A collaboration of British, Spanish, and Slovenian chemistry researchers and fine art conservation specialists devised a technique adapted from the life sciences to test the ability of paintings to withstand the rigors of travel without damaging the works of art. The team led by Matija Strlic of the Centre for Sustainable Heritage at University College London describes its findings online, appearing yesterday in an advance issue of the journal Analytical Methods (free registration required).
The methods developed by the research team — from Universitat de Barcelona, University of Ljubljana in Slovenia, British Library, Fundació (Foundation) Gala-Salvador Dalí in Spain, and Birkbeck College at University of London — harnesses near-infrared spectroscopy to examine the composition of the canvas and determine if it is strong enough to be packed and shipped for a traveling exhibit. The study is an outgrowth of a Ph.D. dissertation by first author Marta Oriola of Universitat de Barcelona.
Near-infrared spectroscopy shines light in the near-infrared spectrum on a target and measures the waves absorbed and reflected by the target, aided by multivariate statistical tools, to determine the target’s chemical content. The technique is used in the life sciences, especially for non-invasive tests such as measuring glucose levels in people with diabetes without drawing blood samples. The ability to non-invasively determine if a work of art is fit to travel is a much more desirable solution for museum curators, artists, and art lovers than testing a physical sample removed from the painting, no matter how small.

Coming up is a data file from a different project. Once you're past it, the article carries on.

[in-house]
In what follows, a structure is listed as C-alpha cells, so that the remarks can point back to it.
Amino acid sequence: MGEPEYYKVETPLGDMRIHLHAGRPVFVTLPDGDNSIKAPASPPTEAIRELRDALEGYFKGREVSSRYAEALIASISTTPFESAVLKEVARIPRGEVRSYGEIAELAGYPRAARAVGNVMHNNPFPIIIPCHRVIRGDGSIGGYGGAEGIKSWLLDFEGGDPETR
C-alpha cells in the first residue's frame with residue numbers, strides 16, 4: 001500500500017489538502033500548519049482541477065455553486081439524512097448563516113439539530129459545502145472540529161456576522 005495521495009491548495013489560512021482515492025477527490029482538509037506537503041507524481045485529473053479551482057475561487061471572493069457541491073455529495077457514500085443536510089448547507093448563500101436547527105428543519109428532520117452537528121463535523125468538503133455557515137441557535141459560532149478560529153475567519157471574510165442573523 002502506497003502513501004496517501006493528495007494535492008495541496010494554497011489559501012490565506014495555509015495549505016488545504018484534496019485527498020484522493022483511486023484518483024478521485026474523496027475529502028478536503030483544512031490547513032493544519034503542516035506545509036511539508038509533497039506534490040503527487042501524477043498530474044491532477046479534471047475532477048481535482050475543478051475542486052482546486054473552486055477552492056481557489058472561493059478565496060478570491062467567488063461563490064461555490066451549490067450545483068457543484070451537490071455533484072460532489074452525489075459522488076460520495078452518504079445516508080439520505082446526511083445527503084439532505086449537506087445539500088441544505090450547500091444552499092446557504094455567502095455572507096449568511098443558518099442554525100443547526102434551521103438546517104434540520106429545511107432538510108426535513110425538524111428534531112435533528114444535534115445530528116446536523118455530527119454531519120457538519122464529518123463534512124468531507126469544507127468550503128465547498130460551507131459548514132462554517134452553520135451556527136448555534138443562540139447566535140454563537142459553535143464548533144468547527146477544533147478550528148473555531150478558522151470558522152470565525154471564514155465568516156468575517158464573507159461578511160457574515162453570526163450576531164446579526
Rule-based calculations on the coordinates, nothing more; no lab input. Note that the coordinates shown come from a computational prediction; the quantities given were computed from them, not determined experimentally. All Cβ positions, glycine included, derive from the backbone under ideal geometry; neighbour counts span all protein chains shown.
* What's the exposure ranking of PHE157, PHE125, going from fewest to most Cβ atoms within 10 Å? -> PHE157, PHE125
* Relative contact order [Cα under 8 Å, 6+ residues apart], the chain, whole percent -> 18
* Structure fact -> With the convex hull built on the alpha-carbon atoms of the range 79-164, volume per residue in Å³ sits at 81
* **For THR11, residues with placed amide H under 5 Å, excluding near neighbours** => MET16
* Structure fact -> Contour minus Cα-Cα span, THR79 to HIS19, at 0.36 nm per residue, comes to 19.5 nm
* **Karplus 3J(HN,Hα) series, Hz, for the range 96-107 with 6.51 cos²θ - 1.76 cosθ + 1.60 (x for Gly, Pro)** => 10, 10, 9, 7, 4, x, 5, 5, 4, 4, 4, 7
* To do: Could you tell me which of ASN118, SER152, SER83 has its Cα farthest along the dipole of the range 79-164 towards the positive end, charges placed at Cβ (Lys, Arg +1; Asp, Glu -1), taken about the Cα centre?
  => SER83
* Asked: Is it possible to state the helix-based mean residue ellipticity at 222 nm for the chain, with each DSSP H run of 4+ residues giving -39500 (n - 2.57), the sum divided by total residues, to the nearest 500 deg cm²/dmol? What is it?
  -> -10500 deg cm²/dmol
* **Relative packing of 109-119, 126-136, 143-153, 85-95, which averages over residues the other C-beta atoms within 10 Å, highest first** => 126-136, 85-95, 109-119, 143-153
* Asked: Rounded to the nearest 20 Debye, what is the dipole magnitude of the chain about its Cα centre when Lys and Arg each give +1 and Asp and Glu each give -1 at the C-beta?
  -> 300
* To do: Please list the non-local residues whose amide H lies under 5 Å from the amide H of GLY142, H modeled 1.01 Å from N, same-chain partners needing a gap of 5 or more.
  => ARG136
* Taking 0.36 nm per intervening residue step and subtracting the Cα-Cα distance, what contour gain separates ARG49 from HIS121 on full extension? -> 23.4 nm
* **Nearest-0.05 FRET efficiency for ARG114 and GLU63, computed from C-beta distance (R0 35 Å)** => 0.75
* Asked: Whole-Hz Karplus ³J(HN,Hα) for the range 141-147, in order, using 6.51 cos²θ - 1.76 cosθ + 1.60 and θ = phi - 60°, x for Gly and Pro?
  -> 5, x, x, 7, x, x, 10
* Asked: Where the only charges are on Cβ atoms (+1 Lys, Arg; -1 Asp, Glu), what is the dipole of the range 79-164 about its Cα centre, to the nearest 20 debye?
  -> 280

In this study, the team used near-infrared spectroscopy to measure the pH (acidity or basicity) levels and degree of polymerization of the cellulose in the canvas fibers of 12 paintings by surrealist painter Salvador Dalí in the Gala-Salvador Dalí collection. Degree of polymerization is an indicator of the strength of the fiber. The test and subsequent statistical analysis also indicates the type of fiber in the canvas, such as cotton, linen, or hemp.
In the study, the researchers compared their results to a reference collection of 199 historical canvas samples, where physical samples were extracted, as well as a system developed by an expert panel of determining the robustness of the paintings based on the chemical composition of the canvasses. Using the near-infrared system, the 12 paintings in the collection were found to be in good enough condition for shipping.
The researchers also found that some of Dali’s early works were painted on low-quality cotton canvasses, an important factor in conservation efforts that could also affect their condition for future traveling exhibits.
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